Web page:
Tag:Toronto Raptors
Posted on: January 8, 2009 6:43 pm

Delfino staying put; Pargo could be available

OREM, Utah -- With former Nets center Nenad Krstic bolting Russia and returning to the NBA with the Oklahoma City Thunder, NBA executives gathered here this week for the annual D-League Showcase have their radar up on others who could follow.

No G.M. should get his hopes up about Carlos Delfino returning to the States this season, according to two people with knowledge of the situation. But the other former NBAer playing in Russia, Jannero Pargo, is a good bet to return to the NBA for the right situation, the people said.

The sources -- one of them a top international scout and the other a person directly involved in NBA front-office dealings -- said Delfino is integral to Khimki BC's plans and loyal to its coach. Essentially, Delfino is committed to the team for the rest of the season and will re-evaluate his options afterward.

Rumblings about rampant interest in Pargo -- such as, for example, from the Lakers -- have been exaggerated, the second source said. But the Knicks -- coached by Mike D'Antoni with a style suitable to Pargo's skills -- are "quite possible" as a landing spot, the person said. Pargo, playing on a one-year deal for Dynamo Moscow, is friendly with Knicks point guard Chris Duhon, and they're both from Slidell, La.

The issue in Russia is that the sagging international economy has caused many teams to pay players late or not at all. The problem with Pargo finding a home back in the NBA is that the veteran's miniumum would be a pay cut. There have been various reports about what Pargo's deal is worth, but one of the sources knowledgeable about his situation said it was $3 million.

If, as expected, the Knicks get a $4.5 million disabled player exception for Cuttino Mobley, they may be inclined to use it for Pargo. They don't have to pay him the entire amount. But whatever they don't pay, they would forefeit because it can't be split among players. Given that the Knicks still have their $1.9 million biannual exception, using the Mobley exception would be better for them because they could save the biannual for next summer.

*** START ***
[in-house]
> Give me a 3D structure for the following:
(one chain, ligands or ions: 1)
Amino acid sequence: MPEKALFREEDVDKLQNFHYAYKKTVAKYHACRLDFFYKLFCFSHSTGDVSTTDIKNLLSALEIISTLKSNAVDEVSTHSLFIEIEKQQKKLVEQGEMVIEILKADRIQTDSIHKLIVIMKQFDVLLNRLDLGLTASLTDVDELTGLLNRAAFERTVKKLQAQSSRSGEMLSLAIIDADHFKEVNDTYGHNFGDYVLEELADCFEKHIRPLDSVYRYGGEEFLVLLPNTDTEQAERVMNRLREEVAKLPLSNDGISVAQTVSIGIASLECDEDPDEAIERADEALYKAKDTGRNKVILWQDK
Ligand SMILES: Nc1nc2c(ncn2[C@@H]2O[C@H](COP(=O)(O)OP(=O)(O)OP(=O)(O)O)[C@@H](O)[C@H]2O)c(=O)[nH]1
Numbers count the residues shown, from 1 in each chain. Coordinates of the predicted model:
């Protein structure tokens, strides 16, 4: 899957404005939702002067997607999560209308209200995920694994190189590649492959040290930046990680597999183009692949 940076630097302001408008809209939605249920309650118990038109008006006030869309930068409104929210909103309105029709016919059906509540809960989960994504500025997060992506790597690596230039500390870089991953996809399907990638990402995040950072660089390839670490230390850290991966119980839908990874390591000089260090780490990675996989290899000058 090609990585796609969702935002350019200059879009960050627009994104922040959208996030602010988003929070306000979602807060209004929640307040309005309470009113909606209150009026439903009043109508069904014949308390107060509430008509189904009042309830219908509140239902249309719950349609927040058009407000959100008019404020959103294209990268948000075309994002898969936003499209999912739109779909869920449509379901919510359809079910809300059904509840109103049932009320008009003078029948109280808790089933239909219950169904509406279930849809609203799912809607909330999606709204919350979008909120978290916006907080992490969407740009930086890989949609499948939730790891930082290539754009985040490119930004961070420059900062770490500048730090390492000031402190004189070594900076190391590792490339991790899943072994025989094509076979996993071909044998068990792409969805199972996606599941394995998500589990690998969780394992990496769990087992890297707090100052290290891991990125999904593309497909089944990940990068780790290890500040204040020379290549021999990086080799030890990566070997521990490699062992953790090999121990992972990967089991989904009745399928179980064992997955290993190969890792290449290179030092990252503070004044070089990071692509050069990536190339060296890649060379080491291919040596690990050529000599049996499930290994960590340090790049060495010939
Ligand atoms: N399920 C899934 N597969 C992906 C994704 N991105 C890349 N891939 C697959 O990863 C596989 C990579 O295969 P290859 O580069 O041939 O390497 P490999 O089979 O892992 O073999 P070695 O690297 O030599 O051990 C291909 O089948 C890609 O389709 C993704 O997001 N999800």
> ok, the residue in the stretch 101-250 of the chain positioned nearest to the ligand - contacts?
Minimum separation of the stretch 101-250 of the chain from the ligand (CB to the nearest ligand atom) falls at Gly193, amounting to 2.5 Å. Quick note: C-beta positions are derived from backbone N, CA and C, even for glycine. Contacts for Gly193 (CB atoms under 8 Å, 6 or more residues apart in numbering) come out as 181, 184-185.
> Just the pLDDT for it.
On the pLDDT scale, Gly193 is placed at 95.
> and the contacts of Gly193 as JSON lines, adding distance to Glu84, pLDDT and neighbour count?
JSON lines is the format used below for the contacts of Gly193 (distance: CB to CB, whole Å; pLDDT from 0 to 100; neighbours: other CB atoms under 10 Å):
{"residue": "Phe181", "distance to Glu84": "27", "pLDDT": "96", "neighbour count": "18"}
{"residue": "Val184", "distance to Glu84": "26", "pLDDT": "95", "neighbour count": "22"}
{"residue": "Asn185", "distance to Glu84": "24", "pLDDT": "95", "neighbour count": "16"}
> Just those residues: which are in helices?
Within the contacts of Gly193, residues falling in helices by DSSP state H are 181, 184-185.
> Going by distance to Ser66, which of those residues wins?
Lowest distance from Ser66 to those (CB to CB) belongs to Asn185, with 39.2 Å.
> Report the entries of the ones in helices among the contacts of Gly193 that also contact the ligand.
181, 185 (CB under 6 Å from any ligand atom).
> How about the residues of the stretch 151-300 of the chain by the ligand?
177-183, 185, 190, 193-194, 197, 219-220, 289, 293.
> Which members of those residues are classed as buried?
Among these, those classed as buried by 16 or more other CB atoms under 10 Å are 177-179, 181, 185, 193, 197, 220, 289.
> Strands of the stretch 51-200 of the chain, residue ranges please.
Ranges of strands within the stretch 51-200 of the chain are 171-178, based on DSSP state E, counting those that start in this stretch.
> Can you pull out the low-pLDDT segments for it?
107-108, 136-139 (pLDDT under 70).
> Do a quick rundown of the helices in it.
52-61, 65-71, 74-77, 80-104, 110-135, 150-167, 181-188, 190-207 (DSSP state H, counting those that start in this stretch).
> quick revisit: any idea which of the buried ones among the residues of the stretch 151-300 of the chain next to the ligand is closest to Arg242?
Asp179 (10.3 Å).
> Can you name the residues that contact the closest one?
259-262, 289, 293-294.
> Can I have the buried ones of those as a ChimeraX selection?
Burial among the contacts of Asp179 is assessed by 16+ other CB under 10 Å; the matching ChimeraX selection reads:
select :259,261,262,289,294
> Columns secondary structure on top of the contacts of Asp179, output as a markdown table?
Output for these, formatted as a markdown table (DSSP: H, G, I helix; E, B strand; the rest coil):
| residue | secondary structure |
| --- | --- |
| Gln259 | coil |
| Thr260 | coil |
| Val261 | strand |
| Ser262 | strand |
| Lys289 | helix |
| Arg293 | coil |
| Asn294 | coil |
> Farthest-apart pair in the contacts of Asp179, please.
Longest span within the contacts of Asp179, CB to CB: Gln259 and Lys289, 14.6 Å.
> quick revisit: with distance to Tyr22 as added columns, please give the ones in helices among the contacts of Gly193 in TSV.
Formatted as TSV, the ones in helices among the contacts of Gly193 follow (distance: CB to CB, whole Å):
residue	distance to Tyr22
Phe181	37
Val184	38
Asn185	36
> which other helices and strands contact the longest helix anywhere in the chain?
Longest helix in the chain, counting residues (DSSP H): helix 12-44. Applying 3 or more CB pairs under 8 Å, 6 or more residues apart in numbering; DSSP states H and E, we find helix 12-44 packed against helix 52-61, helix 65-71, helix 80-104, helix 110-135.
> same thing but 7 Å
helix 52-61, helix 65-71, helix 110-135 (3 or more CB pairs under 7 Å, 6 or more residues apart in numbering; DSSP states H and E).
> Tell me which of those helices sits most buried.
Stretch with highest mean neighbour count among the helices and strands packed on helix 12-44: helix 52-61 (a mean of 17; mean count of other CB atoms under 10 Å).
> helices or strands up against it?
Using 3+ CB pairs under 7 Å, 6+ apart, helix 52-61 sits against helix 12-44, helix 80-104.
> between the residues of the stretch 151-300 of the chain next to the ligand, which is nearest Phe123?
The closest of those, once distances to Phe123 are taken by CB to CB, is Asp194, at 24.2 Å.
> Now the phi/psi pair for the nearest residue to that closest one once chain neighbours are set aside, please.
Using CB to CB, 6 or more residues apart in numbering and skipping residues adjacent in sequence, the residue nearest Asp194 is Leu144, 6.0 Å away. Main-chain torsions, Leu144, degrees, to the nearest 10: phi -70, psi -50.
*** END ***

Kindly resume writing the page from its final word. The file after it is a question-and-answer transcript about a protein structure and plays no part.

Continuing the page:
Posted on: December 22, 2008 11:48 am

Raptors look to deal, but not with N.Y.

The silly season gets sillier by the day. A reasonable, workable trade scenario involving the Knicks and Raptors was floated on Bulls.com by veteran NBA writer Sam Smith -- Stephon Marbury and Eddy Curry to Toronto for Jermaine O'Neal and Anthony Parker. Sounds good. The Knicks get something for Marbury, and J.O.'s monstrous contract comes off the books in time for the 2010 free-agent derby. Only one problem: The Knicks and Raptors haven't discussed a trade in months, according to an executive familiar with both teams' plans.

One thing is clear: Raptors GM Bryan Colangelo is looking to deal. O'Neal isn't fitting in with Toronto, and Colangelo is under tremendous pressure to turn this team around to appease Chris Bosh, who has the all-important player option in 2010. A likely trade chip will be Parker and his $4.6 million expiring contract. Toronto will come up numerous trade scenarios floated and discussed between now and the Feb. 19 deadline, and is all but certain to pull the trigger on something. Just not this one.

Marbury's buyout talks continue to creep forward, but a person with ties to Marbury said he doesn't expect anything to be finalized before January. The Knicks have given Marbury permission to find a deal with another team, but Marbury's representative, Hal Biagas of the NBA Players Association, is playing that side of it close to the vest.

There will be no trade market for Curry, on the books for $31.5 through 2010-11, until he gets on the floor and plays. He hasn't logged a minute since preseason due to a knee injury.